Electrical engineers design, develop, test, and supervise the manufacturing of electrical equipment, such as electric motors, radar and navigation systems, communications systems, or power generation equipment. Electrical engineers also design the electrical systems of automobiles and aircraft.
Electronics engineers design and develop electronic equipment, including broadcast and communications systems, such as portable music players and Global Positioning System (GPS) devices. Many also work in areas closely related to computer hardware.
Electrical engineers typically do the following:
Electronics engineers typically do the following:
Electronics engineers who work for the federal government research, develop, and evaluate electronic devices used in a variety of areas, such as aviation, computing, transportation, and manufacturing. They work on federal electronic devices and systems, including satellites, flight systems, radar and sonar systems, and communications systems.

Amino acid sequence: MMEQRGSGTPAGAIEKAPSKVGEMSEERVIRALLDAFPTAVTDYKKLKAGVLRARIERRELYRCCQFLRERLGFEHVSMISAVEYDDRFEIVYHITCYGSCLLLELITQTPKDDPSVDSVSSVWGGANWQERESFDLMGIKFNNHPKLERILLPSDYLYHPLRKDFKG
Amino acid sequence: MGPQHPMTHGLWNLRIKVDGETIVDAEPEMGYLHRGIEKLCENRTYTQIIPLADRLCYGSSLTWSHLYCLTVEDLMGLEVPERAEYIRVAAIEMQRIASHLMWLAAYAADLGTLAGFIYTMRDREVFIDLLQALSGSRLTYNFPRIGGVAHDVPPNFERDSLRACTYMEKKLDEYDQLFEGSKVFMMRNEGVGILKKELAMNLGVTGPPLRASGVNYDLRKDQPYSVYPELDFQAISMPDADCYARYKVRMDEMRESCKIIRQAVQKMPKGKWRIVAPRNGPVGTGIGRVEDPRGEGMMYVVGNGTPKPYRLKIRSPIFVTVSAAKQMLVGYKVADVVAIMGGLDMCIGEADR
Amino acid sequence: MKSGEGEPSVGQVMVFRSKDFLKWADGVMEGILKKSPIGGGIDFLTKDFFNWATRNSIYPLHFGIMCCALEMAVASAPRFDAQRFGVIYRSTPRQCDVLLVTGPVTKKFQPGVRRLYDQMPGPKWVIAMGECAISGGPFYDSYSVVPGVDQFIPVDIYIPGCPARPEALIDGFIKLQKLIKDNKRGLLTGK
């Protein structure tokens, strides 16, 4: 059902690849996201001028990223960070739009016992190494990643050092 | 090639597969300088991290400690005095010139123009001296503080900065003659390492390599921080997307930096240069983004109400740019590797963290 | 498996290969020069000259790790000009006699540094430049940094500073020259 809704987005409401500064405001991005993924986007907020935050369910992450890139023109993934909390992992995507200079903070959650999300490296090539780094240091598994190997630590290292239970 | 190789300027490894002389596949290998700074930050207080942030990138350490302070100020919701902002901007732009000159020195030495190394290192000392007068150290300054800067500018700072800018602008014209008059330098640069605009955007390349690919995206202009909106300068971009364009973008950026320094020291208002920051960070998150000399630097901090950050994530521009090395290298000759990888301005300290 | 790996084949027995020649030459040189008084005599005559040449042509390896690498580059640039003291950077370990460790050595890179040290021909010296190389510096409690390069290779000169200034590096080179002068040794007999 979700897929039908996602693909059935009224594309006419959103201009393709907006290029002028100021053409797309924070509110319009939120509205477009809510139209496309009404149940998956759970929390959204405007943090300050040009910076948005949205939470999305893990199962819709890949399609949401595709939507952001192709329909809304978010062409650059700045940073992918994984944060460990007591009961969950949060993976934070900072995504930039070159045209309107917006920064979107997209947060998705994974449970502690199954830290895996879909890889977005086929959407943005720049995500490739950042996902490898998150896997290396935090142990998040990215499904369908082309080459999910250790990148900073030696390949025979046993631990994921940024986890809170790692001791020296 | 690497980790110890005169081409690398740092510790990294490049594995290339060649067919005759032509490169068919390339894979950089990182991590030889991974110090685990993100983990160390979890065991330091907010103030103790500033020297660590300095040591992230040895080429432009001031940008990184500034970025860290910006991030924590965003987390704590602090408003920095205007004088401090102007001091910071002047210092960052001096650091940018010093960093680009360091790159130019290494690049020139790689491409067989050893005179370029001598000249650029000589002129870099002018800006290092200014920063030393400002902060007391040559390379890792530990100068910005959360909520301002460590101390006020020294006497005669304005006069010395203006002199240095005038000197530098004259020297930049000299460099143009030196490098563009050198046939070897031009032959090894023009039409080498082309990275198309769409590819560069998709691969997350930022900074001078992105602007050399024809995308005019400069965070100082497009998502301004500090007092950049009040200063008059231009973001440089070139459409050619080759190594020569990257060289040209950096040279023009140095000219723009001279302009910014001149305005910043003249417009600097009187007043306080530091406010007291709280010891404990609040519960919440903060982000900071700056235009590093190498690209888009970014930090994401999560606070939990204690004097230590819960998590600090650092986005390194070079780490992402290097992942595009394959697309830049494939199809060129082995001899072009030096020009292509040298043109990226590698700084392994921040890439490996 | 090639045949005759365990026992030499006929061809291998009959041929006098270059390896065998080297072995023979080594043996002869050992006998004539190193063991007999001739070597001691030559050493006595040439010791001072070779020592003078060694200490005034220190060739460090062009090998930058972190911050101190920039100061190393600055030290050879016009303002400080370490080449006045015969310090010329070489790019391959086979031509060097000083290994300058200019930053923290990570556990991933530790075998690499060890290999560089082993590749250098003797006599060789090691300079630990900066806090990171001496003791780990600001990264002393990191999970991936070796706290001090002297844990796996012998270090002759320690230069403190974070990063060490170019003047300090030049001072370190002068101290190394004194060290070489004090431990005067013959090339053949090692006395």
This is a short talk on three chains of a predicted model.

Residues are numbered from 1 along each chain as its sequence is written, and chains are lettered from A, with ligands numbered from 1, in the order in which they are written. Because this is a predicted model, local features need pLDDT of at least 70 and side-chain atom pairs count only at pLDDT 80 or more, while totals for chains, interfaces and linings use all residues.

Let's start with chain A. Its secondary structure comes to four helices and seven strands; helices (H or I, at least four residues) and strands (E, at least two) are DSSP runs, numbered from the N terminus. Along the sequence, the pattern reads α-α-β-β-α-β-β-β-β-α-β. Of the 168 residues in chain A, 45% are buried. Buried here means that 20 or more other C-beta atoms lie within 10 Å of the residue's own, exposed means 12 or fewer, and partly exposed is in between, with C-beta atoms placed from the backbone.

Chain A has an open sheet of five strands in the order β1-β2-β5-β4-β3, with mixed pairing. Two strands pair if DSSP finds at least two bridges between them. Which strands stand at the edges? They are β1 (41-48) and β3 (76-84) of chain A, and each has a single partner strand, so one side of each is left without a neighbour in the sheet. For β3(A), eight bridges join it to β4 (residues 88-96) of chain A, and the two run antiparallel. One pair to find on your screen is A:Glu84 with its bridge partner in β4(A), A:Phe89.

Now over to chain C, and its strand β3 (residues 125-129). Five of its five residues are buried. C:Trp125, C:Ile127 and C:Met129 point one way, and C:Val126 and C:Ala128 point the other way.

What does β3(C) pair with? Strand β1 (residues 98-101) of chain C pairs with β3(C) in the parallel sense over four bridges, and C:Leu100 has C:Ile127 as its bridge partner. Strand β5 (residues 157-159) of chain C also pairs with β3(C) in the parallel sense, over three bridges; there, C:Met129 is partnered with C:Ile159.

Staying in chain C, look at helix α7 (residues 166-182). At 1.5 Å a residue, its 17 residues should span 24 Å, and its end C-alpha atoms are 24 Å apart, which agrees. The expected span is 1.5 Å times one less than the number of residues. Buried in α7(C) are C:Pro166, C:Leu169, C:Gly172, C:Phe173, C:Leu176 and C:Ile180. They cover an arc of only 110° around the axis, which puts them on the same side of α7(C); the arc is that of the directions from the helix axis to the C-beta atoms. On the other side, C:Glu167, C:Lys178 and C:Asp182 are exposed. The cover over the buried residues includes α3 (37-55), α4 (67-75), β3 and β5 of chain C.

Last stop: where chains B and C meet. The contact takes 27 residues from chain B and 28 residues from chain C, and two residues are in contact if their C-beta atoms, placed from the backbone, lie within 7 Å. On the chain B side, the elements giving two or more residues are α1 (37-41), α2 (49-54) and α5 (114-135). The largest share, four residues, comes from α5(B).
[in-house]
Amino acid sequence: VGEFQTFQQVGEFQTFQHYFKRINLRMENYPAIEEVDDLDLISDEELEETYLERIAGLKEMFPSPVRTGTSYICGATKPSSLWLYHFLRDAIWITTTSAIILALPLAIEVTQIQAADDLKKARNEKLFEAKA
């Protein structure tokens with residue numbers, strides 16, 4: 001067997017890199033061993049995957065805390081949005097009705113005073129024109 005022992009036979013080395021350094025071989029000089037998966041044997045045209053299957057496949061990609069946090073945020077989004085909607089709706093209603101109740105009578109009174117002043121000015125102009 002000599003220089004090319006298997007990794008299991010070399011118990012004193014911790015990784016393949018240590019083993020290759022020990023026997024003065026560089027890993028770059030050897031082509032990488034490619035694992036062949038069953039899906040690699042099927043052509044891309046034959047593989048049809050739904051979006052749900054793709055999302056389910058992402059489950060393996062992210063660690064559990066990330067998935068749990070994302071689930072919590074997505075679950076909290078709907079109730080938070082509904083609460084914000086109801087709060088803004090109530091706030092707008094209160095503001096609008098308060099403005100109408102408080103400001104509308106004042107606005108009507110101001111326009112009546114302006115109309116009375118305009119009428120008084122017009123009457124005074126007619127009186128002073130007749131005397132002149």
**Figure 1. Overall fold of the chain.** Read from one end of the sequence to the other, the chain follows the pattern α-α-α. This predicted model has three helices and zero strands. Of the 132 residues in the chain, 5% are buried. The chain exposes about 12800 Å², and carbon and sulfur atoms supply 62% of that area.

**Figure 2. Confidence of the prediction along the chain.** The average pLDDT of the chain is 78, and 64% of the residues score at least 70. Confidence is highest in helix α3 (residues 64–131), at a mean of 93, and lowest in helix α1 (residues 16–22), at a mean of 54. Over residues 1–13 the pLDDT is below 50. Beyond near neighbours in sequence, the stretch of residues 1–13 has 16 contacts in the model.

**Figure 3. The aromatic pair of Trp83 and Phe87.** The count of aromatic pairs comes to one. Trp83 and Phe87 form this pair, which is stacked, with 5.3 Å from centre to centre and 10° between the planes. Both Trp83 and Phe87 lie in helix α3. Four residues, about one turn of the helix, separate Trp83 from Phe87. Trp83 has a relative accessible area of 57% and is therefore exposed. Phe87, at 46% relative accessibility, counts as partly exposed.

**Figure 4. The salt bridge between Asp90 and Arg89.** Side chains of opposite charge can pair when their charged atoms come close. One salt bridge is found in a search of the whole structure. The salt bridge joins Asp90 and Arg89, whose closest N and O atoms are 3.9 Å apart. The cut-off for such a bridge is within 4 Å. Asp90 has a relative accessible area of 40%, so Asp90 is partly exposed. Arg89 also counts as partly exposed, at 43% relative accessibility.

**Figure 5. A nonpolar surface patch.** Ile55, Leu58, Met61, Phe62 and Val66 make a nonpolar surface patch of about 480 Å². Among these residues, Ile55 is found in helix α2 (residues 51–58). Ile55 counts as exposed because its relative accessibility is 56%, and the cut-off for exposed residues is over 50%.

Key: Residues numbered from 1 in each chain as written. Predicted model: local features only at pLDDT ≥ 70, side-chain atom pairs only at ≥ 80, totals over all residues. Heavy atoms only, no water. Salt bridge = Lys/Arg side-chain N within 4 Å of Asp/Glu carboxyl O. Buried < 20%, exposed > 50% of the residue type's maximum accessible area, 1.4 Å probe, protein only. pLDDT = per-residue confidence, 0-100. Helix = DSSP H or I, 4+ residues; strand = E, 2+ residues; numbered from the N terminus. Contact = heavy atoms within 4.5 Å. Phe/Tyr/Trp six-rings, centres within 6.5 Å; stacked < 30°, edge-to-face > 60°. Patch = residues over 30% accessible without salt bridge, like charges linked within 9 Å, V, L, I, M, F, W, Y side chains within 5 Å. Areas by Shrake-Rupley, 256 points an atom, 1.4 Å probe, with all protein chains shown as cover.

The work of electrical engineers and electronics engineers is often similar. Both use engineering and design software and equipment to do engineering tasks. Both types of engineers also must work with other engineers to discuss existing products and possibilities for engineering projects.
Engineers whose work is related exclusively to computer hardware are considered computer hardware engineers.
Bureau of Labor Statistics, U.S. Department of Labor, Occupational Outlook Handbook, Electrical and Electronics Engineers,
on the Internet at https://www.bls.gov/ooh/architecture-and-engineering/electrical-and-electronics-engineers.htm#tab-2 (visited October 15, 2018).